More on The Turn

7 comments Written on September 25th, 2008     
Filed under: Church History, Church Year, Culture, Style of Worship
Tags: , ,

This morning, Scot McKnight suggests we respond to the liturgical turn among low church evangelicals, and he offers some particulars in his third post on this topic

Scot thinks, as do I, that this trend is not an invitation to return to the prayers and hymnody of the 20th Century. It’s more complicated than that. He mentions some teaching and preaching approaches that could move us toward a reasoned response to the trend. These take work, thought and creative synthesis. There is no “book” that contains tidy scripts for us to follow. He writes:

Third, we need to have churches that express the gospel in our day and in our way that sustains its life from the Story of the Bible and in continuity with the Story of the Church. The biblical model is not one of simple repetition of the faith of our fathers and mothers but of re-engagement in a new day of the faith of our fathers and mothers. Jesus didn’t repeat Isaiah; he took Isaiah to a new level. Paul didn’t repeat Jesus; he applied Jesus to the Roman empire. Hebrews didn’t repeat Paul; he engaged Jesus in the creative metaphor of temple worship.

The same is true with the arts in worship: No book. Rather, we use books and media, new and old songs, hymns and prayers from a variety of traditions and ages, and… in Scot’s language, we “take [liturgy] to a new level.” In order to do this, I’m thinking the worship leader must be a student of, and participant in, popular culture.

What do you think?

Print Friendly, PDF & Email

Report This Post

7 comments “More on The Turn”

It’s a great post by Scot and a timely conversation; to enter into a genuine dialogue with our past and to see ourselves connected to the variety of streams that inform our faith. But it does require pastoral boldness to give permission to be creative and to draw the lines at faddishness. Could these streams ever become genuinely present at a Midwinter?

Report This Comment

Don. I’m interested in that question, since I’m leading the worship planning team for Midwinter 2009!

Say more about your more recent Midwinter worship experiences. In what sense have streams converged? What opportunities have we missed?

I could give more prompts, but I’ll leave it at that for now.

Don and anyone else. Please jump in here. This is a good and timely conversation.

Katie Martinez

Report This Comment

OK, at the risk of sounding weird, a primary text for me on this most core issue is John 4 and Jesus’ conversation with the woman at the well.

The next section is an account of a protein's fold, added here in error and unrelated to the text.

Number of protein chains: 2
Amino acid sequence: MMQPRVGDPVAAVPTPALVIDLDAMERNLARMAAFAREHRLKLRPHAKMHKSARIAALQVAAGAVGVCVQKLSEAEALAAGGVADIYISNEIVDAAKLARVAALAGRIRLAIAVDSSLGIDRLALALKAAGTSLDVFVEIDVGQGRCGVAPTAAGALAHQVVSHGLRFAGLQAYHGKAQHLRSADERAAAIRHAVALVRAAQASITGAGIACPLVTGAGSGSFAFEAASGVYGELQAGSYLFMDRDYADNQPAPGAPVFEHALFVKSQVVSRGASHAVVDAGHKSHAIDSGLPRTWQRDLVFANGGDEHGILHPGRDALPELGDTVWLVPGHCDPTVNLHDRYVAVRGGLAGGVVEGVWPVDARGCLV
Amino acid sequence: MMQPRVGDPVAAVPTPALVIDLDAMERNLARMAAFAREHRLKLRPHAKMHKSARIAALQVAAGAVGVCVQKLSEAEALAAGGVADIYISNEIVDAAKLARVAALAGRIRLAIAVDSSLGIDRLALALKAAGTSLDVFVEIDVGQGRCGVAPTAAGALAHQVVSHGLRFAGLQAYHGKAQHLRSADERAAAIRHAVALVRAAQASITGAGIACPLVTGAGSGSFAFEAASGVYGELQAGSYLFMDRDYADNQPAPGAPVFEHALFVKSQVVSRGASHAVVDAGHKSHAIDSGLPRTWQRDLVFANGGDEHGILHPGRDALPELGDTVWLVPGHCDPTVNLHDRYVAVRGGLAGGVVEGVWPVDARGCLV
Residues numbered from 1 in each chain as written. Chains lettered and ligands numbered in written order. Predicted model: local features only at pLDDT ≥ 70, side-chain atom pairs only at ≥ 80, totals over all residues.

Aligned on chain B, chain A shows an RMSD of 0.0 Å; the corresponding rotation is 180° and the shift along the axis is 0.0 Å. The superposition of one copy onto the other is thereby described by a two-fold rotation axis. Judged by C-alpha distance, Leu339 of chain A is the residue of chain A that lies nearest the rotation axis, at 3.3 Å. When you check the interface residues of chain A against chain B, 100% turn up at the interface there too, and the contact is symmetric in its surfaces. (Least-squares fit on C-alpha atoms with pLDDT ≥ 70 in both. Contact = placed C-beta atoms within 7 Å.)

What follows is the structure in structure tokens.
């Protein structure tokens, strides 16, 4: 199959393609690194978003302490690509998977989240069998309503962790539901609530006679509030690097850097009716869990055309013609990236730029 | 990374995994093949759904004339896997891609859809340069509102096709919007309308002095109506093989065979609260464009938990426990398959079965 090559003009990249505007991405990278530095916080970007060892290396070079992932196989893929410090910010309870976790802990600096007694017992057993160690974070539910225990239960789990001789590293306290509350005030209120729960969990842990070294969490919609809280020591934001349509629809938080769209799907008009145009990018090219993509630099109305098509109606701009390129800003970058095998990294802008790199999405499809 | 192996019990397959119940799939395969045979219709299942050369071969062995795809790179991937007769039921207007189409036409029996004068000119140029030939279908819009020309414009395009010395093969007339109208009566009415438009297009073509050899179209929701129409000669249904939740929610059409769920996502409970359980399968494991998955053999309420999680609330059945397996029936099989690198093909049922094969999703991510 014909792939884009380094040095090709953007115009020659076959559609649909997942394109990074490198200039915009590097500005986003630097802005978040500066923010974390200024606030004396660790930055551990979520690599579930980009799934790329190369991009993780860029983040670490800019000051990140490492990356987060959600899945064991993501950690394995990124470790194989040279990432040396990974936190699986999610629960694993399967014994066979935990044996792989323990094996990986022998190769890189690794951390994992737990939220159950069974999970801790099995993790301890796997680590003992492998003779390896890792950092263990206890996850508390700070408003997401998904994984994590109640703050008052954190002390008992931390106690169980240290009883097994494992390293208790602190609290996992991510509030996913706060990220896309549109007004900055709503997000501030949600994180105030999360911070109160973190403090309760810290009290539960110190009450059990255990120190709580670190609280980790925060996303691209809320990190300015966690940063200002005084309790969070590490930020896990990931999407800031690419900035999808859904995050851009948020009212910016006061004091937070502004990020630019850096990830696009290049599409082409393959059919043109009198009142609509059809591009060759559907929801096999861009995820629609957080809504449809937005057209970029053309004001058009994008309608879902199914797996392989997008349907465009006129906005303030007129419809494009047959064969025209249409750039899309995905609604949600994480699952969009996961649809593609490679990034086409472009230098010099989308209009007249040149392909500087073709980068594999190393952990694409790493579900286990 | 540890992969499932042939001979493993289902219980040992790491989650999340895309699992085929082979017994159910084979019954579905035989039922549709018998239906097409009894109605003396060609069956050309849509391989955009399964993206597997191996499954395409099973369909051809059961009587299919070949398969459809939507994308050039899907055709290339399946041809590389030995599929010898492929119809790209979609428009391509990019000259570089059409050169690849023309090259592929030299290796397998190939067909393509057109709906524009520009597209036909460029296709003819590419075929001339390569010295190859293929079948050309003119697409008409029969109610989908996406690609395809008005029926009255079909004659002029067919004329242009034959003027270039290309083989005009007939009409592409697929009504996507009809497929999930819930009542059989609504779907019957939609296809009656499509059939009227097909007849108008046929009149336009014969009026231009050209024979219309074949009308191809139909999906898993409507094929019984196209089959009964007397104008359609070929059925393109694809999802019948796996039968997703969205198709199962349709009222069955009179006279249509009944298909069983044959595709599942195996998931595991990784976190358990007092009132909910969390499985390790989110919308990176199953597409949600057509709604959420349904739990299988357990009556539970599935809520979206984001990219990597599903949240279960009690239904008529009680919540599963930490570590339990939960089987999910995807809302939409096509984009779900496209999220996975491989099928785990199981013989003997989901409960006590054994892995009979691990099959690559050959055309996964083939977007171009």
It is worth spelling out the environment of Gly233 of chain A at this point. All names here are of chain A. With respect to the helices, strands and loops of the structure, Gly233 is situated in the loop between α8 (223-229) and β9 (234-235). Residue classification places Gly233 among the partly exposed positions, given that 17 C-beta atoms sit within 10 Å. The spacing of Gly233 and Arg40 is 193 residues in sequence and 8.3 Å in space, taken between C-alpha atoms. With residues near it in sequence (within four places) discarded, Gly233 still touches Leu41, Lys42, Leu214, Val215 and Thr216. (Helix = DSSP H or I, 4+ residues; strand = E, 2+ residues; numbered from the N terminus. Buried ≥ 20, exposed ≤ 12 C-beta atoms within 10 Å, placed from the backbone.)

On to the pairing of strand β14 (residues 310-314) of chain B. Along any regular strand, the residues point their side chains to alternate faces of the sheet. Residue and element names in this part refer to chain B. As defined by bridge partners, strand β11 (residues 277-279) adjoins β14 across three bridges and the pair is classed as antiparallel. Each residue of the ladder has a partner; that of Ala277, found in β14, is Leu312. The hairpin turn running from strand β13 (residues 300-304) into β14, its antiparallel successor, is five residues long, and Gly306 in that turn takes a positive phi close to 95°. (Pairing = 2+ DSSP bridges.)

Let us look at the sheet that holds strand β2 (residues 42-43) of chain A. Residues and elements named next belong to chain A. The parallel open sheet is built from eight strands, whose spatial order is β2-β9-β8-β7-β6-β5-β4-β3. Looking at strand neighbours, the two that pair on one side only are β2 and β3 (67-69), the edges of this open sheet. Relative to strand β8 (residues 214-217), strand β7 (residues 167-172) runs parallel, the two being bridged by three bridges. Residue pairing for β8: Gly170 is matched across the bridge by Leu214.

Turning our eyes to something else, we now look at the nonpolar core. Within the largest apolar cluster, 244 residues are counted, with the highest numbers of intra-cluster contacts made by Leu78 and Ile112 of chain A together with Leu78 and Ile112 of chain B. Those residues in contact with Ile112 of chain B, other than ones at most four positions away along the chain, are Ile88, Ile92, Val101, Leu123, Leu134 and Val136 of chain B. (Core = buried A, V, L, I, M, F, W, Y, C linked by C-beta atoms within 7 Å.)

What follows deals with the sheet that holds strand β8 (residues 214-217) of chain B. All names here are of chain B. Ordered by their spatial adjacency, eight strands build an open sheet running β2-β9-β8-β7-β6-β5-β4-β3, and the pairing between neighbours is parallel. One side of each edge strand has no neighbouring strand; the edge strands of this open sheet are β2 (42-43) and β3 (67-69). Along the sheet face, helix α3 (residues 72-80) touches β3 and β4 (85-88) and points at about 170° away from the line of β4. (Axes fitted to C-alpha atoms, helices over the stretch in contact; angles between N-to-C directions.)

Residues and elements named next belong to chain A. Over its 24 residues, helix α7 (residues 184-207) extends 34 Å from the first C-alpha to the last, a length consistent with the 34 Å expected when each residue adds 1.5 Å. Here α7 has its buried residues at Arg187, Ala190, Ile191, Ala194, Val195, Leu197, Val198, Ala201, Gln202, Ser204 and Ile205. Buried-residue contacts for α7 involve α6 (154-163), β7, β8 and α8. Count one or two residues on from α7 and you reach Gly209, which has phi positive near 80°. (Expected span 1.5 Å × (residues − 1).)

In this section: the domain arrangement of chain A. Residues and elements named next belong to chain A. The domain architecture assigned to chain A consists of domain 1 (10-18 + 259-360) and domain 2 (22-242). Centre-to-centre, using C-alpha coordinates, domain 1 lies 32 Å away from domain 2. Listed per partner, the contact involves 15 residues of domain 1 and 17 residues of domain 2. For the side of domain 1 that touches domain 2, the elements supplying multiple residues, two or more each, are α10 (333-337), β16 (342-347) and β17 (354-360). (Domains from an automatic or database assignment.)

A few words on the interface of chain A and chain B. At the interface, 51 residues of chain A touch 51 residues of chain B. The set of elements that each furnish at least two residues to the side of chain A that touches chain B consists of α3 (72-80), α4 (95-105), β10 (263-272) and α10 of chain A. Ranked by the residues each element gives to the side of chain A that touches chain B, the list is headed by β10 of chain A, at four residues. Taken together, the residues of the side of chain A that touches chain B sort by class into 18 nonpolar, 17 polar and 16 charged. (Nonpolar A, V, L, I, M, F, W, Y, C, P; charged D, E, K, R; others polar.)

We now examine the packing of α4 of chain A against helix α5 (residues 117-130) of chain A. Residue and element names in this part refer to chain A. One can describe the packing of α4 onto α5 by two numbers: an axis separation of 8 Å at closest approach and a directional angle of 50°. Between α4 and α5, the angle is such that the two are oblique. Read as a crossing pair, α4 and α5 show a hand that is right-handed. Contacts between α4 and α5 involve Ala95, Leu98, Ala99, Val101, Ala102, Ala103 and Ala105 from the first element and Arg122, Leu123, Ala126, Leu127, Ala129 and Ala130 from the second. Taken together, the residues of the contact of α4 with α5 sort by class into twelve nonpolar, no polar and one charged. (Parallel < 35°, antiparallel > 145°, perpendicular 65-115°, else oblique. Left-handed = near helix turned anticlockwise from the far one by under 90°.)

What did Jesus mean when he told her, “Yet a time is coming and has now come when the true worshipers will worship the Father in spirit and truth, for they are the kind of worshipers the Father seeks…”

I think Scot’s language “new level,” “applied to,” “engaged Jesus” are words that call us to engage in spirit worship. The Spirit of God is the Spirit of life, creation, and the open and living future that is the resurrected Jesus. Life is not dormant nor stagnant-death is. Religion seeks to maintain the status quo: Spirit seeks to make all things new. Does our liturgy help us speak the gospel in such a way that we along with the women and men we encounter at the ‘well’ experience new creation?

Report This Comment

I strongly disagree with Scot that “the worship leader should be a student of, and participant in, popular culture.” In fact, I think worship should be a respite and refuge from some of the intellectual, emotional, and sensory assaults of popular culture.

Report This Comment

Virginia. Oops. Scot didn’t say the WL should be a student of pop culture. Those are my words. I’m thinking Jesus and Paul each had an understanding and appreciation for the contemporary cultures in which they taught, lived, worked, led. The “new level” that Scot speaks of involves a synthesis between what God has done before and what God is doing now. It also involves innovative communication. I’m thinking both Paul and Jesus were culturally astute. So… I was asserting that worship leaders and planners will, too, be more effective, if culturally astute.

Report This Comment

Thanks, Katie. My comment should have been directed to you. I agree with you that worship leaders should be culturally astute. Let’s not limit this to “popular” culture, however. Let’s look toward a “higher ground.”

Report This Comment

Thanks Virginia. You’re so right. Our cultural awareness should not be limited to pop culture. I was remarking on pop culture, because Scot was talking about a convergence of old and new. That said, what place, if any, does pop culture have in worship?

Report This Comment

Leave a Reply

Report This Blog